As far as pastoring goes, I don’t know of another author who has wrestled with this vocation more (and better), and from within, than Eugen Peterson. He’s a church planter, an author of books and he did translation/paraphrasing work on The Message, a modern day language version of the Bible. He’s been a big influence on so many.
So, this book by Peterson, The Pastor: A Memoir was given to me as a gift, and it was an amazing gift. Peterson is gifted similarly but differently than I. He’s well thinking, yet primarily priestly. I love to be theological, yet I’m primarily prophetic. Peterson manages to share his struggle with being a pastor right in the contexts of his life and his relationships. He opens his life to the reader and brings us into the journey of his life.
I’m not sure how people who aren’t pastors would dig it, but pastors would all grow from this book. It’s simple and easy to read, yet profound and asks deep questions of calling, motivation, values and direction.
Here’s some killer quotes:
- p.4, “The vocation of pastor has been replaced by the strategies of religious entrepreneurs with business plans. Any kind of continuity with pastors in times past is virtually nonexistent.”
- p.10, “My father boasted to his friends that we even had running water: ‘Eugene runs down to the lake with a bucket, and runs back up the hill with the water.’ “
- p. 16, “…the most effective strategy for change, for revolution – at least on the large scale that the kingdom of God involves – comes from a minority working from the margins.”
- p.29, “No need for hurry if you’re confident in who you are.”
- p.33, “The way we learn something is more influential than the something that we learn. No content comes into our lives free-floating: it is always embedded in a form of some kind.”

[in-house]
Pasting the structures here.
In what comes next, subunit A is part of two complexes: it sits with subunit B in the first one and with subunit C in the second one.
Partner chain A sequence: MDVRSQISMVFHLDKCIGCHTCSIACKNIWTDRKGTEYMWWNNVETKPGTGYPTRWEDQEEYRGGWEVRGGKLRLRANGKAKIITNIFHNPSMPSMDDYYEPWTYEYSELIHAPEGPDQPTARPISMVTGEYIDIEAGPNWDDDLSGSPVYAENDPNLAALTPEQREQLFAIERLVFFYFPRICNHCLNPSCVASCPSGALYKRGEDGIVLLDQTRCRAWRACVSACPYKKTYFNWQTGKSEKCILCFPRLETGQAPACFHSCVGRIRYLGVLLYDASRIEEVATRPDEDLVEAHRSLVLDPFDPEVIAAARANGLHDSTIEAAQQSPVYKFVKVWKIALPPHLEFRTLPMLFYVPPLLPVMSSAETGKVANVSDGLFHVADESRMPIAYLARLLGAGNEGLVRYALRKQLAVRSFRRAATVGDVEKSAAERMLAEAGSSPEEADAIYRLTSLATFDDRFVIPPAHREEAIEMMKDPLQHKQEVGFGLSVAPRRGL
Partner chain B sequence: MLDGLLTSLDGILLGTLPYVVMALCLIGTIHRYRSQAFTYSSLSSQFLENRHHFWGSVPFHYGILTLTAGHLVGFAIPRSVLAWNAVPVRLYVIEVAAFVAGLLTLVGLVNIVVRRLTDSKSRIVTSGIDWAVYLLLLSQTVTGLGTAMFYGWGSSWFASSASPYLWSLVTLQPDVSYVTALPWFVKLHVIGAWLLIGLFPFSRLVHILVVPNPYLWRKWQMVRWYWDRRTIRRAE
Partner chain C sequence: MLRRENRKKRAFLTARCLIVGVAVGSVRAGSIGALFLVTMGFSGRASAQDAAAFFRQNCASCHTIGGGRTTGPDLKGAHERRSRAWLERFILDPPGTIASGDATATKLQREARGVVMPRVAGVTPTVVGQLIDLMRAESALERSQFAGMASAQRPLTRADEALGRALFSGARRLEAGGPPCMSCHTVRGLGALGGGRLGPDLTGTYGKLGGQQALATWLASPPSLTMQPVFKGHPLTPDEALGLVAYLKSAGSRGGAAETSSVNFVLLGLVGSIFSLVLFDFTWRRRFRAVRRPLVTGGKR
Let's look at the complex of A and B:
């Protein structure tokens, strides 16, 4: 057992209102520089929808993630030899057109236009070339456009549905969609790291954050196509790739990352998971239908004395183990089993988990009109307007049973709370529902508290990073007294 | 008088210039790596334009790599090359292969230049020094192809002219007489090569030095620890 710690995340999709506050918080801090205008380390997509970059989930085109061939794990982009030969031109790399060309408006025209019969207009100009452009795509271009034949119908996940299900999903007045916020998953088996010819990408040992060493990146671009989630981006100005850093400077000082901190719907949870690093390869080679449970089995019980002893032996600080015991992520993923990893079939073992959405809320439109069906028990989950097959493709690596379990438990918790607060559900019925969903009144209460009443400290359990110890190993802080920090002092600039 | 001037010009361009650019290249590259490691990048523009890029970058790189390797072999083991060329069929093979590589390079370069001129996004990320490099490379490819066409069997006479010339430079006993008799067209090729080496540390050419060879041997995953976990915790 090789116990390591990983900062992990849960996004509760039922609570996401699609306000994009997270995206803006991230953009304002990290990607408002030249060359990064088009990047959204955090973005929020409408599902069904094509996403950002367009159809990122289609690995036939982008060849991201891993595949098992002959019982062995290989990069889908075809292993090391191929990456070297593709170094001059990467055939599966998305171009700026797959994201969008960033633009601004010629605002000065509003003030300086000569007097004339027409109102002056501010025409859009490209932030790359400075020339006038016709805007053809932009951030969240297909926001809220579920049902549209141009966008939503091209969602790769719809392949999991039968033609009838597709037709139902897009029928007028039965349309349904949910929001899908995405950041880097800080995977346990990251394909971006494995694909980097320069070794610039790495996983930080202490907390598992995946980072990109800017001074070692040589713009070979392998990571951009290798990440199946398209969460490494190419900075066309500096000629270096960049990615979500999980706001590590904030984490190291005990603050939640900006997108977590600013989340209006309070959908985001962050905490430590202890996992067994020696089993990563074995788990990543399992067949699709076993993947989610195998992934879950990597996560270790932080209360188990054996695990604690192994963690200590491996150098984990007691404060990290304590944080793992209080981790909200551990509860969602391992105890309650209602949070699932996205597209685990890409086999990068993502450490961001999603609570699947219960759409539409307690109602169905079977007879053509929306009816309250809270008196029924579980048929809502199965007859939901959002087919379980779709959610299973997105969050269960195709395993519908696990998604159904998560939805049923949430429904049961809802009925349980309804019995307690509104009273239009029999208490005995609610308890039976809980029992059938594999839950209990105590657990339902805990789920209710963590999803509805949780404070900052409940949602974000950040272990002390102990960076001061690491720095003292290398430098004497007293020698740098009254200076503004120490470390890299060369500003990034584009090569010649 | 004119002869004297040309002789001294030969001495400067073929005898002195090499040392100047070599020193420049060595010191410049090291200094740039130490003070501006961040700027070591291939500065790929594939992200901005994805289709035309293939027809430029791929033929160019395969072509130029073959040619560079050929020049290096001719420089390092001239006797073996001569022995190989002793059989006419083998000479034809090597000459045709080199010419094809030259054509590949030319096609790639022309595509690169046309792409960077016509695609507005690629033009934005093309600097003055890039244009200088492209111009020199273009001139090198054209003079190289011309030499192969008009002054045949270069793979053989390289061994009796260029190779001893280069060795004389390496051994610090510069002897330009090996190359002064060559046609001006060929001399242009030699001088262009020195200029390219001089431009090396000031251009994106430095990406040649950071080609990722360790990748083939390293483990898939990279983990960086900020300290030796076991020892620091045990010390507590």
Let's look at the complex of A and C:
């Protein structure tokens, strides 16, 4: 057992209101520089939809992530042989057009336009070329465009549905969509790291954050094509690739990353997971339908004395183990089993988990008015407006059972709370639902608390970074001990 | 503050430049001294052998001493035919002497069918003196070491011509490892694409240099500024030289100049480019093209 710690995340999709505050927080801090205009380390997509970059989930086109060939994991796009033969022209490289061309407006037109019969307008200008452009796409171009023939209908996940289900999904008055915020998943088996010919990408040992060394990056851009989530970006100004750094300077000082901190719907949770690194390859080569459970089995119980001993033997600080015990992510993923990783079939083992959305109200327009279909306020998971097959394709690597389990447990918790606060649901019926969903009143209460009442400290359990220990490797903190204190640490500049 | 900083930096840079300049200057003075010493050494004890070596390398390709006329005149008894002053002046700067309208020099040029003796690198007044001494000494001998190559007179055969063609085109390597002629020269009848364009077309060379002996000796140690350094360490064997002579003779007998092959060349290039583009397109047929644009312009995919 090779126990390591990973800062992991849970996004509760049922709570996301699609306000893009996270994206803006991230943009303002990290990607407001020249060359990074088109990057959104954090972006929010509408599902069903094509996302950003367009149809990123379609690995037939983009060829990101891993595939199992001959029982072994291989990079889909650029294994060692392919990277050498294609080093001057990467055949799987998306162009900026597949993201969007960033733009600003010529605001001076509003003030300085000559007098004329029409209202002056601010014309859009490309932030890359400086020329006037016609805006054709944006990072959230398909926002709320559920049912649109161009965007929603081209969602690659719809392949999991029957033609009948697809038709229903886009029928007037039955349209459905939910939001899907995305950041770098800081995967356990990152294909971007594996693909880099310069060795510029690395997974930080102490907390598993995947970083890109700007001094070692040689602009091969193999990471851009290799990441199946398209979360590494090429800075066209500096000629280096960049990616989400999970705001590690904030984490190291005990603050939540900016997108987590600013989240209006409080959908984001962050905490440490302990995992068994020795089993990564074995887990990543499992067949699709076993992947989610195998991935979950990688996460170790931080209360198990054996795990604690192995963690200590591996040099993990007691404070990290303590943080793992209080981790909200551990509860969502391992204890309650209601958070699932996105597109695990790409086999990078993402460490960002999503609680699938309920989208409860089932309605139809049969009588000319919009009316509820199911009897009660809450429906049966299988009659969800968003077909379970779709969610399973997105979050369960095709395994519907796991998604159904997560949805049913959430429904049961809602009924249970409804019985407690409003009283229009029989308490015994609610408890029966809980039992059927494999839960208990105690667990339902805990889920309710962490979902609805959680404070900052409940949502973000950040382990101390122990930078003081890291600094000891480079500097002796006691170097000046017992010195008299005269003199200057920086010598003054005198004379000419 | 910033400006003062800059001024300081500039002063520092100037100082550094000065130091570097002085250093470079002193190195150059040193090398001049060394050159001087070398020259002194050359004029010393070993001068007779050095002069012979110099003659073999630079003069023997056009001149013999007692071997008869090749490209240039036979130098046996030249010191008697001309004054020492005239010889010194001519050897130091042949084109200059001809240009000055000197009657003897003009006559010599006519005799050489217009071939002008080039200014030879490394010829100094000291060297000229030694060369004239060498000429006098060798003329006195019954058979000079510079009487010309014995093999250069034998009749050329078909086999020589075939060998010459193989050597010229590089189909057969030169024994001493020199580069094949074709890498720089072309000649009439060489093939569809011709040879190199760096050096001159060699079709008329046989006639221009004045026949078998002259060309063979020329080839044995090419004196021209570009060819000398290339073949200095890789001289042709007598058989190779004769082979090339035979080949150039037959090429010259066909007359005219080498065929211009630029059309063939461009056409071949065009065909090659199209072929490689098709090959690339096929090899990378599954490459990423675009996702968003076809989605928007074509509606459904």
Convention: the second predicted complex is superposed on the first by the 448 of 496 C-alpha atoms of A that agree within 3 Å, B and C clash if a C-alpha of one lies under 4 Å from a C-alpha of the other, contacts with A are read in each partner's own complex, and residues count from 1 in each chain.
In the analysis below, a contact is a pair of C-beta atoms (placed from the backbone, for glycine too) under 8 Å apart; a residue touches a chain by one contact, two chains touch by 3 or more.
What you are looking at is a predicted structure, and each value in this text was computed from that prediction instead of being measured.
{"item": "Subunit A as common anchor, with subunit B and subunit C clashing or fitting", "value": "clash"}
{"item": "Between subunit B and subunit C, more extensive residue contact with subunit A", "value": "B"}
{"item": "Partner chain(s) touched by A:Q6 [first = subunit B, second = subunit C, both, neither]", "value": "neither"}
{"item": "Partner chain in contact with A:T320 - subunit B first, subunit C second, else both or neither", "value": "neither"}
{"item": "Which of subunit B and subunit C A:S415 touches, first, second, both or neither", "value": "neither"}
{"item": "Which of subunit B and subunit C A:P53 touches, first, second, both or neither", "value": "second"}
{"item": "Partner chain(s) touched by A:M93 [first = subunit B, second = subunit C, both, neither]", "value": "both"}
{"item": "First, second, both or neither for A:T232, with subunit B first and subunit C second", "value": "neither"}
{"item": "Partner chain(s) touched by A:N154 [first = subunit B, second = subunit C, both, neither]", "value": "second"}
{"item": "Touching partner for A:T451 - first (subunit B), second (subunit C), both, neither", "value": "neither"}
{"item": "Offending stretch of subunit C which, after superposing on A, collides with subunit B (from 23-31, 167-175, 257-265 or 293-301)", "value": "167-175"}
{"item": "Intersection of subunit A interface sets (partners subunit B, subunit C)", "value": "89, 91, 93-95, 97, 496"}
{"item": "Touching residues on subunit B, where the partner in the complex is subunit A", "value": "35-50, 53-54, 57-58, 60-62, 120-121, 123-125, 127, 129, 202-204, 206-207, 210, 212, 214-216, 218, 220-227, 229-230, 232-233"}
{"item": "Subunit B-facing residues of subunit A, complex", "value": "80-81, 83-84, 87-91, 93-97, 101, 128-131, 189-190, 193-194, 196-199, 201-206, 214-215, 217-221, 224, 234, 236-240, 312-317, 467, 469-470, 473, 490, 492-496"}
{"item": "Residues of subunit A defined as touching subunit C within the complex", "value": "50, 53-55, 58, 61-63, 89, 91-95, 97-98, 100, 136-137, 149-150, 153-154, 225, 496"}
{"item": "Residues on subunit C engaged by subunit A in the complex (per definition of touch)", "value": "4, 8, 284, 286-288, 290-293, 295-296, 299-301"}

- p.90, “I realized that for most of my life the people I had been living with and who had taught me had been primarily interested in getting the truth of the gospel and the Bible right, explaining it and defending it…Barth didn’t have much interest in that. He was a witness (a favorite word of his). He was calling attention to the lived quality of the Christian life, the narrative of the Bible, the good news of the gospel. Listening to God as God reveals himself in Christ and the Bible and preaching.”
- p.254, “But there is a problem here: a program is an abstraction and inherently nonpersonal. A program defines people in terms of what they do, not who they are. The more program, the less person. Church was understood not in terms of personal relationships and a personal God but in terms of ‘getting things done’. This struck me as violation of the inherent personal dignity of souls.”
- p.258, “A way of worship that was nonmanipulative. A way of community that was nonprogrammatic. One of the things I relished about being a pastor was being immersed in these ambiguities, the not being in control that allowed for the slow emergence of insights and resolve that developed into confessions of faith, and the unplanned, spontaneous attentiveness ‘one another’ that over the years became a culture of hospitality.”
- p.310, quoting a Canadian, “Welcome to godless Canada, this godforsaken desert.”
- p.313, “By this time we were used to godless and godforsaken, to death and deserts. Jan and I had been living among the godless in godforsaken deserts all our lives under the patronage of Pastor John of Patmos. Barth again: ‘only where graves are is there resurrection.’ We rather like the company.”